How to conquer a fear of flying

This week's post was drafted at Dublin airport, as I sat on the runway, calm, cool and collected. This wasn't always the case with me and travelling, far from it in fact. Do you want to know the secret to my new found travelling tranquility? Have children. That's it, have children. I know, I know, I can hear the outcry from here. What do you mean have children? Flying with kids is a total nightmare. You are, of course, correct. There are always terrible tantrums as overtired tots lose the will to live, inevitable airsickness or exploding nappy at 30,000 feet, glares from unhappy fellow travellers as the small people become more irritable. Yeah, not fun at all, but hear me out. 

I was always very proud of my childhood abroad. The show off in me adores conjuring exotic images of camping trips under the stars with nothing but camels for company, gazing over the calm waters of the gulf sea, endless BBQs and swimming pools in our back garden. Undoubtedly I always leave off one part, my embarrassing fear of flying. Let's face it, it is much less glamorous admitting that before each family holiday or when returning to the 'sand pit' I would start sweating, my stomach would churn, I would lose sleep for nights leading up to the occasion and never felt satisfied until all the flying was over. Don't get me wrong I adore arriving but travelling, hmm. The very thought of being crammed in to a tin can with 200 strangers and being launched into the atmosphere does not fill me with joy.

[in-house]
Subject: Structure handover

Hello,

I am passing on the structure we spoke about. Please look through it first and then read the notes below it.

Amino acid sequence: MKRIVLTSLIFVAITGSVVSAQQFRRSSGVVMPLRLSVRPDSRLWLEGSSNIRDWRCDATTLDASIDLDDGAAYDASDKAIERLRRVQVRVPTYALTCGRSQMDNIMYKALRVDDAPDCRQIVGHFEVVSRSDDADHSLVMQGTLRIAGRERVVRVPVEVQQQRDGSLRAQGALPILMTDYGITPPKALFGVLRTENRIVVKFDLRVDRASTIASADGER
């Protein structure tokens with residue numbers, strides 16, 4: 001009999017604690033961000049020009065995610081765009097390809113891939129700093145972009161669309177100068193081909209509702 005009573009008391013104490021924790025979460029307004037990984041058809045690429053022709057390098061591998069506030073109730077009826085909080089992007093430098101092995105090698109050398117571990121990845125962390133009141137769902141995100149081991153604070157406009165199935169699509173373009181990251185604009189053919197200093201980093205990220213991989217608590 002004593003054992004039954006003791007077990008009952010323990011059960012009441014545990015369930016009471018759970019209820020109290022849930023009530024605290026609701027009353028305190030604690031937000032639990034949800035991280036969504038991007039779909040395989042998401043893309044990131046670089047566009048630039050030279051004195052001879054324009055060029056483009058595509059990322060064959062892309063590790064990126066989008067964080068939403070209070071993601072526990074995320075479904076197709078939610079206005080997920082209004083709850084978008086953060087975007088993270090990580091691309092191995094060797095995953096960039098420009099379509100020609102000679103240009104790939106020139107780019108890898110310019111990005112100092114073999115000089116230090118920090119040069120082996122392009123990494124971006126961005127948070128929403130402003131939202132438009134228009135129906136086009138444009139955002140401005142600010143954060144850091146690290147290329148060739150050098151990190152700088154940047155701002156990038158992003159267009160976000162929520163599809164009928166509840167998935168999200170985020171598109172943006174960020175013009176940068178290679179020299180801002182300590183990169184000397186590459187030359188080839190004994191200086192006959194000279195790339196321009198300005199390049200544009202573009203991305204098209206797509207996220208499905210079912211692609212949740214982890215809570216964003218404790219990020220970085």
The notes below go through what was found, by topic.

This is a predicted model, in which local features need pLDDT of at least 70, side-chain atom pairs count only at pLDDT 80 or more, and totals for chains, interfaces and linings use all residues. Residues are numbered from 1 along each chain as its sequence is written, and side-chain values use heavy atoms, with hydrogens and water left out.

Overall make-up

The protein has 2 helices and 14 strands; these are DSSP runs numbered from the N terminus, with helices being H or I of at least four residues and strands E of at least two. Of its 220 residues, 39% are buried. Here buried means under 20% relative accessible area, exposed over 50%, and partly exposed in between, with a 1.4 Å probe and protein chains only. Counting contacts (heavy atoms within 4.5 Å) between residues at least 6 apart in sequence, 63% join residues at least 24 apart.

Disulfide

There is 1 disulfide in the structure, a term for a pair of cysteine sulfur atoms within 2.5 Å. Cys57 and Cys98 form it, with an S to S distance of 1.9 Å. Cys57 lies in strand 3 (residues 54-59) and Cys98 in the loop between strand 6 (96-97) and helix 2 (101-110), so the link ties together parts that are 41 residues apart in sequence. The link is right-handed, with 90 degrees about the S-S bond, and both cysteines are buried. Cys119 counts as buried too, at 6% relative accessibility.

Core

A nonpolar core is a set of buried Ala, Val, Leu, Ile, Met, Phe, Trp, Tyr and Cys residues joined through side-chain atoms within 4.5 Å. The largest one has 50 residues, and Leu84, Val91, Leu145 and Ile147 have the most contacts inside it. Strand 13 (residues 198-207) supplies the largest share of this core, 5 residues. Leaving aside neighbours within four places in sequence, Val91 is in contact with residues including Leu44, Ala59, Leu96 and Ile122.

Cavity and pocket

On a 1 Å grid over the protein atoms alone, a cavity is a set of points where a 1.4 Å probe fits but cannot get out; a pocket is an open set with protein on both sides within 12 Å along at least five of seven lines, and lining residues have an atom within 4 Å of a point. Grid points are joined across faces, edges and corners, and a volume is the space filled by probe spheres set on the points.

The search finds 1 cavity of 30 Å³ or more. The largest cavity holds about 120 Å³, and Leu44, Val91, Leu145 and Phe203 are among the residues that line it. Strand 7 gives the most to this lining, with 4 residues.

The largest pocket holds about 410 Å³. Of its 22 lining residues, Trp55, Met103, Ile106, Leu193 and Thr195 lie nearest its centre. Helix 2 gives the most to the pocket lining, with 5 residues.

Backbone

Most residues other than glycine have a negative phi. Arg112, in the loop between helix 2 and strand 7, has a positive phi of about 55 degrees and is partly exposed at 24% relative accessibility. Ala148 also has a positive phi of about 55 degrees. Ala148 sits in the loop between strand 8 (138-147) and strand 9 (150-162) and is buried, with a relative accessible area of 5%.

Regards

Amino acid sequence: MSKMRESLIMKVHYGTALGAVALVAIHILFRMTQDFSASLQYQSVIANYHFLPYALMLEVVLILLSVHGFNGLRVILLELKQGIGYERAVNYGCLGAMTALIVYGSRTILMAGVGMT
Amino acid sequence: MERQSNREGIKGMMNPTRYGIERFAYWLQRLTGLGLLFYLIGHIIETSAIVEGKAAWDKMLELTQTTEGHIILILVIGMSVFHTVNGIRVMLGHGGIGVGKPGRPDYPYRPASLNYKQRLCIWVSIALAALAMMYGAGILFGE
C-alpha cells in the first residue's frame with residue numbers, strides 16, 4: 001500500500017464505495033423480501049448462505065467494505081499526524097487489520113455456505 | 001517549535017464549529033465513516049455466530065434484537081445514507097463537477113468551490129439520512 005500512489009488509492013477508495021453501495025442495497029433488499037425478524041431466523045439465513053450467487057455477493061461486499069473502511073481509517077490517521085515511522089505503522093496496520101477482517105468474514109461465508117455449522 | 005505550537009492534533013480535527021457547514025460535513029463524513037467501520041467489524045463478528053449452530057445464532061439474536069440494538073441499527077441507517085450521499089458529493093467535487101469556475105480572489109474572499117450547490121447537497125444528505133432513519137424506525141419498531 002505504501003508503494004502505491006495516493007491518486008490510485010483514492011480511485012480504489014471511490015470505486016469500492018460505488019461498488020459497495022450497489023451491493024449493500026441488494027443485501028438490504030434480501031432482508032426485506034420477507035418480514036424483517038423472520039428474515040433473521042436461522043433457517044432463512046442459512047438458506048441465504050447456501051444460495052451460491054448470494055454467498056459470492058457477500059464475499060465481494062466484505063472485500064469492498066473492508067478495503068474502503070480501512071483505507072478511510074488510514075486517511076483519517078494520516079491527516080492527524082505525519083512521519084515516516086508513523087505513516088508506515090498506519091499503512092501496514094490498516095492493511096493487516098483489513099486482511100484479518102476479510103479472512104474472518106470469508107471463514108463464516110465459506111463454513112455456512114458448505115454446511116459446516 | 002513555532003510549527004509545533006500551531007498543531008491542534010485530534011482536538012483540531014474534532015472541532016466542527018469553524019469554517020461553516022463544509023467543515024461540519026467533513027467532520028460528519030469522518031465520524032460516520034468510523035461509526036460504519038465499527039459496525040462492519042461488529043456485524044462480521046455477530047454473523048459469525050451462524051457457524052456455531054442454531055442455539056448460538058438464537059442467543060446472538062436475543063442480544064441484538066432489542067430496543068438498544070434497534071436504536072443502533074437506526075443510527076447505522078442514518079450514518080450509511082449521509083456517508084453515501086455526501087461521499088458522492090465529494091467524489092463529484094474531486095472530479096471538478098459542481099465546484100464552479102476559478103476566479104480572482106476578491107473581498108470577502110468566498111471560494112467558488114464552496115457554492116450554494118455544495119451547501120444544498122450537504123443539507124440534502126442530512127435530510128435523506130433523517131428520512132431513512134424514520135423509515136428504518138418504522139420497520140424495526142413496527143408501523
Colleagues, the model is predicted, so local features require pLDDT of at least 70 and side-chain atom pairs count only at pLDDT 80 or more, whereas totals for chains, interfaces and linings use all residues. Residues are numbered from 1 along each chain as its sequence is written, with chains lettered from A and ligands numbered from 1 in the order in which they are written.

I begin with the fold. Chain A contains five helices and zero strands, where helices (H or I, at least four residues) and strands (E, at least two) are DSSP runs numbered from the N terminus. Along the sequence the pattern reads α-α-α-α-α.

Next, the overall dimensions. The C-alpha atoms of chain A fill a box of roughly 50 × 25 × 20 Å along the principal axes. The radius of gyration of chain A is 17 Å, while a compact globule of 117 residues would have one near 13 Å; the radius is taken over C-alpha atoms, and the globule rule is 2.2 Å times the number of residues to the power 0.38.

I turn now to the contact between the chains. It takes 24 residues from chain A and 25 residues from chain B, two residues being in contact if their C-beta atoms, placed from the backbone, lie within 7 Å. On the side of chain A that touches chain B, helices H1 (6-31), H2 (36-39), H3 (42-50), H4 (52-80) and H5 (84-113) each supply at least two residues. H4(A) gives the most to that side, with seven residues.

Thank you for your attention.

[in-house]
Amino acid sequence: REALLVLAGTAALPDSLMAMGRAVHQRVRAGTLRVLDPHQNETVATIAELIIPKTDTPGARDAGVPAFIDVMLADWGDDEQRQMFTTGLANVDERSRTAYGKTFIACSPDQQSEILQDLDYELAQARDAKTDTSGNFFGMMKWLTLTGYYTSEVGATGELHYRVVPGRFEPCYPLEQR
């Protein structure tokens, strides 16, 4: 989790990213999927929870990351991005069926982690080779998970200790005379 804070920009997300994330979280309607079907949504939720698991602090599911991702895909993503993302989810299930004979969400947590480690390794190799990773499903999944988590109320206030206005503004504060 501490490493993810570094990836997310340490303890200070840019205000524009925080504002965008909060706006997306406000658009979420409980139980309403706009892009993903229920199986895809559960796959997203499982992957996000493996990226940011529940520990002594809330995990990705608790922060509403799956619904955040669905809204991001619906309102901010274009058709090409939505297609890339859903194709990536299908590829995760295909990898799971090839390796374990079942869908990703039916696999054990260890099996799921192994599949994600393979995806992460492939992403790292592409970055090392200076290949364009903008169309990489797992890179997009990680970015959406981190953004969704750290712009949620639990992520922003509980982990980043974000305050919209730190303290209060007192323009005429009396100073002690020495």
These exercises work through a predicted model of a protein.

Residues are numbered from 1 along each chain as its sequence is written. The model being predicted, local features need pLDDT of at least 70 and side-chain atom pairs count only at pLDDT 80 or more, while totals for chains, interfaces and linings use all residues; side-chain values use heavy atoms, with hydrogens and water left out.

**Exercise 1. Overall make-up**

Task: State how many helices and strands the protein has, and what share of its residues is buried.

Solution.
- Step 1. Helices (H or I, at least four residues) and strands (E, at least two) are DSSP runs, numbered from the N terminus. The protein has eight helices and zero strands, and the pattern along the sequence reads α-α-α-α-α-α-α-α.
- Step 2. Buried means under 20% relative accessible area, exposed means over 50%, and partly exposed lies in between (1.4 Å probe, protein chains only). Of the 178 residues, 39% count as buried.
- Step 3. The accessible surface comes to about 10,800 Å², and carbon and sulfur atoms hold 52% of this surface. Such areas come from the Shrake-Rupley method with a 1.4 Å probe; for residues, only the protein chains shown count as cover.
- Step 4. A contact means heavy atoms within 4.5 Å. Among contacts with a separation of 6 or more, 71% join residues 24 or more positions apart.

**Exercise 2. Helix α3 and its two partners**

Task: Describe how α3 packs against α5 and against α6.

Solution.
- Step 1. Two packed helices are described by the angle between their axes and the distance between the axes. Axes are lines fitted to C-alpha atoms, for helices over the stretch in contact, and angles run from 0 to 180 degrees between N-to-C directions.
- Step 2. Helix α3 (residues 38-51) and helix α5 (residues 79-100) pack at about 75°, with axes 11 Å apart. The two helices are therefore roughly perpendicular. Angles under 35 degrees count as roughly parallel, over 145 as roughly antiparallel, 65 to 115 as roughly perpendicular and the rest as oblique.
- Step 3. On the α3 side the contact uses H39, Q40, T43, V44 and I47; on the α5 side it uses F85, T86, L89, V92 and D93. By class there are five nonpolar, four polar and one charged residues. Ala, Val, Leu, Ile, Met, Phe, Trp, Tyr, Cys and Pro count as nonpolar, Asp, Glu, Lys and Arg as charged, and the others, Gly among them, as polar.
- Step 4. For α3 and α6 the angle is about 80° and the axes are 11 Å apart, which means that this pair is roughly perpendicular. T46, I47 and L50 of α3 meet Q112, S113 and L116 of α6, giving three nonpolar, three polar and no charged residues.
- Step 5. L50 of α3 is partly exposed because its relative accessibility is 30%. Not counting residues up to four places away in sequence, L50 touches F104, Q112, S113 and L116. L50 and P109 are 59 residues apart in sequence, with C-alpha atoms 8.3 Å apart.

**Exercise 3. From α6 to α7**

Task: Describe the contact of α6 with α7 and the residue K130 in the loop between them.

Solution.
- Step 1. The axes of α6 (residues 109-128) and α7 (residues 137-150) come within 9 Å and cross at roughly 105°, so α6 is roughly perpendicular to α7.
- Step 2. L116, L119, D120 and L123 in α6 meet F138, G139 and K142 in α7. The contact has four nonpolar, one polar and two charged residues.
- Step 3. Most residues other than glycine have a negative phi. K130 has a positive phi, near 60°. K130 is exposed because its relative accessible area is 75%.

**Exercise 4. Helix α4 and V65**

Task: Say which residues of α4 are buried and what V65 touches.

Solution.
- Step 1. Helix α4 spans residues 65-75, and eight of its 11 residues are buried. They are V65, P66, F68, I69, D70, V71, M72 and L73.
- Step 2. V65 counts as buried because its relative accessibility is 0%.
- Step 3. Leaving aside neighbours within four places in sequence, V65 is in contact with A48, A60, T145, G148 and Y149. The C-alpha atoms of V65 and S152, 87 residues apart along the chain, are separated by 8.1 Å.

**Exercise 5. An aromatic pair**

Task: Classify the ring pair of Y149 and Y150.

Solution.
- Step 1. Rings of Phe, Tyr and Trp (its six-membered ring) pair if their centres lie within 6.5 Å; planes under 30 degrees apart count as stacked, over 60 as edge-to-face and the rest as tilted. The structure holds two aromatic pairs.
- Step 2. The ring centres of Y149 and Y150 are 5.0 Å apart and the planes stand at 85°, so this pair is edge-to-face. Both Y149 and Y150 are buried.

Yet here I am, relaxed, writing, not even remotely panicked. The reason? I have had children and I am flying without them. Every parent knows that the day you have children is the day your free time goes out the window. I don't just mean free time to go to the pub, or cinema, or dinner on a whim. I mean free time to do anything. Want to read that book you were given for Christmas? Best book in a babysitter! Dinner? The baby will wake up just as you plate up. Don't even try to go to the toilet in peace, face it, you will have an audience in that part of your day until they are teenagers. After five and a half years I needed a teeny, tiny, trip away, just a couple of days to recoup and catch up on sleep, so Dublin was booked. Heading out to the airport before my flight over here, the familiar nerves returned. How on earth was my husband going to cope without me? Would my youngest think I was abandoning her? Was I going to have the courage to get on this flight at all? You know what, as I wandered through the departure hall all worries drifted away. I bought a sandwich, and ate it, I mean all of it, no sharing required! I window shopped at the duty free, then realised I could actually go inside without small people trying to smash every bottle of perfume in sight. To top it all off- well, of course, a trip to the loo without an audience. By the time I boarded my flight I had had two hours of alone time and I was in my element! There was no one to clean up after, only people to wait on me!?! I could get used to this. 

 

I am returning home with a spring in my step. I have had two full nights of sleep and I am not even remotely worried about the flight. I shall make the most of my last hour of calm before I meet the chaos of my overtired, over excited family in the arrivals hall. But you know what, while I have enjoyed every second of my 'me' time, I have missed the hectic toilet trips, sharing every meal, and night time wake ups. The chaos is, actually, where I really belong.